Perhaps the most effectively frightening entry in the Nightmare on Elm Street series, with the noted exception of the original, Wes Craven's postmodern New Nightmare re-imagines the child-murdering Freddy Krueger as the pure embodiment of ancient evil instead of the wisecracking menace that audiences had come to expect at this point. In this respect, Craven's bid to reclaim Krueger as a truly inspired villain pays off, providing the character with a fresh sense of unpredictability that had previously waned as the series became more formulaic. Audiences content to sit back and giggle as Krueger spouted one-liners and did in teens by the handful were given a hefty dose of reinterpretation in this supposedly final installment of the series. It's difficult to fear something that has become so engrained in pop culture it has become a ubiquitous parody of itself, but inject an external and unfamiliar threat into that same omnipresent vessel and all bets are off. This is the refreshingly original manner with which Craven tapped into the universal fear of the unknown with New Nightmare. Approached from an unfamiliar angle, audiences' sense of safety and comfort are stripped away, leaving them mentally unprepared for whatever terror may lie ahead -- a real terror from which, as in the original, there is no logical and proven escape. New Nightmare may not prove quite as effective as Craven's earlier efforts, but it certainly set the stage for his massive success with Scream (yet another franchise whose effectiveness would dull with overexposure) two short years later, and re-established him as a pioneer of inventive horror-fantasy.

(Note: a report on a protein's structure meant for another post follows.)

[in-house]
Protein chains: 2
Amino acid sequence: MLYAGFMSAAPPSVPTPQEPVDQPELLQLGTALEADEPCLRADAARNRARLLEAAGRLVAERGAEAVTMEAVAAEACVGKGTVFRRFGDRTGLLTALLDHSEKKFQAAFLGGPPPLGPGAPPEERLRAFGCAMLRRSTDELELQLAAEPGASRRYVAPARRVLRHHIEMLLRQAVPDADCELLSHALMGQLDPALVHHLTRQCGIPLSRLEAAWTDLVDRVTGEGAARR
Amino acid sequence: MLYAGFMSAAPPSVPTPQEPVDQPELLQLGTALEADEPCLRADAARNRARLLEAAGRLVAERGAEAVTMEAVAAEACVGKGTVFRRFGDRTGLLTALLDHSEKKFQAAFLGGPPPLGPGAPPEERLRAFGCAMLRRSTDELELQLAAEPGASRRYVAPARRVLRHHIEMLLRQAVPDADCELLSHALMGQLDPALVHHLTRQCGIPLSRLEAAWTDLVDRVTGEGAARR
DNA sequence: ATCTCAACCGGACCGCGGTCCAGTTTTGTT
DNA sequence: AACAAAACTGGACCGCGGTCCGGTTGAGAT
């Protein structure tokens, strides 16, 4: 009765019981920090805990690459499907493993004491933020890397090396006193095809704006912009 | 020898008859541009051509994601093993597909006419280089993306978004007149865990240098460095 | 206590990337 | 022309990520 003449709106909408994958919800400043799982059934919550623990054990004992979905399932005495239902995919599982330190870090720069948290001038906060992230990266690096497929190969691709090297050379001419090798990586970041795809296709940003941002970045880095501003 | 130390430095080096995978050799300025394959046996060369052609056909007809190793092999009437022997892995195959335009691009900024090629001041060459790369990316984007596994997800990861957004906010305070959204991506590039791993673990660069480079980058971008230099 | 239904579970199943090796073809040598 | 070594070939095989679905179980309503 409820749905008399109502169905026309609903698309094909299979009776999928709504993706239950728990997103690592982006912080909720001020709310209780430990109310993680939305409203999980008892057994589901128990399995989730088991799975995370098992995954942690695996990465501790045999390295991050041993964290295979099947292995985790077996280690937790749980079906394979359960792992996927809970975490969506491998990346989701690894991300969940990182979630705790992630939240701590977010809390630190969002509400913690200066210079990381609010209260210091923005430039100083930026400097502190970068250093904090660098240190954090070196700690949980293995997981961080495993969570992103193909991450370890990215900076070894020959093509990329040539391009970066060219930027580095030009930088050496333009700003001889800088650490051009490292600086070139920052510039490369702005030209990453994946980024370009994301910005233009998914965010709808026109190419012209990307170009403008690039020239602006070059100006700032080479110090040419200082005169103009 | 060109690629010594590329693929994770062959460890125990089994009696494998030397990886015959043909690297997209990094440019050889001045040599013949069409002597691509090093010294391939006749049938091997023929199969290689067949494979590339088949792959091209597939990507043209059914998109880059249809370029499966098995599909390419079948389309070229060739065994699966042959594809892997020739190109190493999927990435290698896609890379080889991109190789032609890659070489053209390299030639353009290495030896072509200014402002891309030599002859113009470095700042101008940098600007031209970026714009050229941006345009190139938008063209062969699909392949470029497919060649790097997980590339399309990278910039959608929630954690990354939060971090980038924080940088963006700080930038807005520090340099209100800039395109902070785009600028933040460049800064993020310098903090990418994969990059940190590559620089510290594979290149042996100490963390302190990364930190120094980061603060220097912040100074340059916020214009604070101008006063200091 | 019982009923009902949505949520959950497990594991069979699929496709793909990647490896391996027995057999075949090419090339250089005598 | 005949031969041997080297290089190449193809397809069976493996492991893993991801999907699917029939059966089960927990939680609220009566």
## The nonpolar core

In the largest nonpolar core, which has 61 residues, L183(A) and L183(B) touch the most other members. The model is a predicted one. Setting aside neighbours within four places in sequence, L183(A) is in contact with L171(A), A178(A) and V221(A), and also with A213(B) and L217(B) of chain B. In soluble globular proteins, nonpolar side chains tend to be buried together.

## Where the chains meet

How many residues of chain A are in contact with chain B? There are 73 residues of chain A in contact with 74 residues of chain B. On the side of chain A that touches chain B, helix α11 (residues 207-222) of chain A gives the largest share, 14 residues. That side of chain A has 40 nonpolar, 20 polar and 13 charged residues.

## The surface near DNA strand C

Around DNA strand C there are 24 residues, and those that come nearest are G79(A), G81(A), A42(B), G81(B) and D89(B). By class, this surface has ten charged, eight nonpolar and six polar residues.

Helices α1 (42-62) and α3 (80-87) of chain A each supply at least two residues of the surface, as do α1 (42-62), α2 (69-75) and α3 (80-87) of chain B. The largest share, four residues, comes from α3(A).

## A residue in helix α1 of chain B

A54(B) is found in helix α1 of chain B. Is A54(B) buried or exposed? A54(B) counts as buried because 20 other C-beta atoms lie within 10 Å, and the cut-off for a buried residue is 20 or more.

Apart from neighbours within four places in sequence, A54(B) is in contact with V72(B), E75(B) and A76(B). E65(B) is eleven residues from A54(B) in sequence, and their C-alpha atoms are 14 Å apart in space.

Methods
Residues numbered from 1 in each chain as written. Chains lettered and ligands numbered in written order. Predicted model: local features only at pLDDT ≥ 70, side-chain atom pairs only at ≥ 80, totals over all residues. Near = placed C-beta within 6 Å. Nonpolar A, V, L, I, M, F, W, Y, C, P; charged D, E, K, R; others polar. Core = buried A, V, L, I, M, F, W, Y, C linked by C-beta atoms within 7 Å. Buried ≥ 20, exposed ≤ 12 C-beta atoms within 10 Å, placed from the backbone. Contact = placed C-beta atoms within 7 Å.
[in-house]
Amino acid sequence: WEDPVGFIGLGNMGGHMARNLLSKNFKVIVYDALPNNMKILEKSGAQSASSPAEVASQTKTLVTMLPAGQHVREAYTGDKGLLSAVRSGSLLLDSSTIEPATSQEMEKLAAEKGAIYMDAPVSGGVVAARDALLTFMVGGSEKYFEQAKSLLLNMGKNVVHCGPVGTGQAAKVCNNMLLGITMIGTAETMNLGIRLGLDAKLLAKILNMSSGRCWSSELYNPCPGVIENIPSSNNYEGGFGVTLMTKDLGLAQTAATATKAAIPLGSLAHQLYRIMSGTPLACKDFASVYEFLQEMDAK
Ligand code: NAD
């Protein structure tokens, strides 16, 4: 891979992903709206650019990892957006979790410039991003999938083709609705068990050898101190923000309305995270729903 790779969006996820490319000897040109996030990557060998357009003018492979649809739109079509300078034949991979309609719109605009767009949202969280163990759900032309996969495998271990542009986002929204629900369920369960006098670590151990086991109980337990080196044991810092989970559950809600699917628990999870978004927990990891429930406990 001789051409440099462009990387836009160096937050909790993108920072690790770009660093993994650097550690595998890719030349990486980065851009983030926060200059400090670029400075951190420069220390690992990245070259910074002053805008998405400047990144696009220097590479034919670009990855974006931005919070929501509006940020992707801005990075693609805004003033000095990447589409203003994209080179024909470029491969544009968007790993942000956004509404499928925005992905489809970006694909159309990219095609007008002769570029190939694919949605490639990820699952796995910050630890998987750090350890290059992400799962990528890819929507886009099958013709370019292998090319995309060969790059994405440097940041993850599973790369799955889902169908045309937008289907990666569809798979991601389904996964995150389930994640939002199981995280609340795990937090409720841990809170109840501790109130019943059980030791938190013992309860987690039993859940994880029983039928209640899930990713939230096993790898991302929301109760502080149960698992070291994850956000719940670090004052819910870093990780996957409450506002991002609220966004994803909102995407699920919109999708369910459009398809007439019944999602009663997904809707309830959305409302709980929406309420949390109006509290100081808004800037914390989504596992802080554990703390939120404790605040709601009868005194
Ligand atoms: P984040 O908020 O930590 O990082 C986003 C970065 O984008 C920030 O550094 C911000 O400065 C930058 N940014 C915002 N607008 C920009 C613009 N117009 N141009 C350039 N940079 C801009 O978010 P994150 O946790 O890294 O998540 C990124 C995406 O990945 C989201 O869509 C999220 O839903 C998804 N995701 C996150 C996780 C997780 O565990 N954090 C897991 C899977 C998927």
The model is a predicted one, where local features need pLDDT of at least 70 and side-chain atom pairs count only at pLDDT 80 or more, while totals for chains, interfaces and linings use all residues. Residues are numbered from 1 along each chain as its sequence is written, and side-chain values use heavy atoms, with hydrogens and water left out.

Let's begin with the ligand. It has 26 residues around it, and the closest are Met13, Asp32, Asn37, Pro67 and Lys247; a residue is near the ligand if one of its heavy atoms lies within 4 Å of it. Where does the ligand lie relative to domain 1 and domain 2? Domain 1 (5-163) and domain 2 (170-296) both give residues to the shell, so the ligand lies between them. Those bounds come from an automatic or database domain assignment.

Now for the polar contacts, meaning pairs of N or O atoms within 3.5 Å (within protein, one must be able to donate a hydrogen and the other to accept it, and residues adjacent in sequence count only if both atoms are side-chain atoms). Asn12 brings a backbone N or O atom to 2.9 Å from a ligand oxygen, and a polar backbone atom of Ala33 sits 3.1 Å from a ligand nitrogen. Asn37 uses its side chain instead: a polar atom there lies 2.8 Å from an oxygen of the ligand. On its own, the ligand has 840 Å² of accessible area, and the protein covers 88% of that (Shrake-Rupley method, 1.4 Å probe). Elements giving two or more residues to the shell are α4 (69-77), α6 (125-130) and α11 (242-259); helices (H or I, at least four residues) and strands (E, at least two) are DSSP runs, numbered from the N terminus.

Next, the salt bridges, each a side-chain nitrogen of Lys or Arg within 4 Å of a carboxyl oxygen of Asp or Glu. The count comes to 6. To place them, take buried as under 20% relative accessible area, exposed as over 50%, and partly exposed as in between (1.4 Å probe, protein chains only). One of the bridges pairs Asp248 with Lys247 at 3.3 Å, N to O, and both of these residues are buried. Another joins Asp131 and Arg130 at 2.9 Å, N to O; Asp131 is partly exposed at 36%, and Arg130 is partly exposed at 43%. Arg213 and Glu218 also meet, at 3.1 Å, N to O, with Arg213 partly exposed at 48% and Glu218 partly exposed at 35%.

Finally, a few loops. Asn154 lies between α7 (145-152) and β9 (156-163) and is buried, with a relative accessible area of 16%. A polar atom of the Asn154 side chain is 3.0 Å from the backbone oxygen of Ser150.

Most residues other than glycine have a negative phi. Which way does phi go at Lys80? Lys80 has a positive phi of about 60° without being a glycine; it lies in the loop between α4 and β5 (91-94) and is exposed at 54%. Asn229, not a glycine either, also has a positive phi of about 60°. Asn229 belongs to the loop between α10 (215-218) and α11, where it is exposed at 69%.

by Jason Buchanan review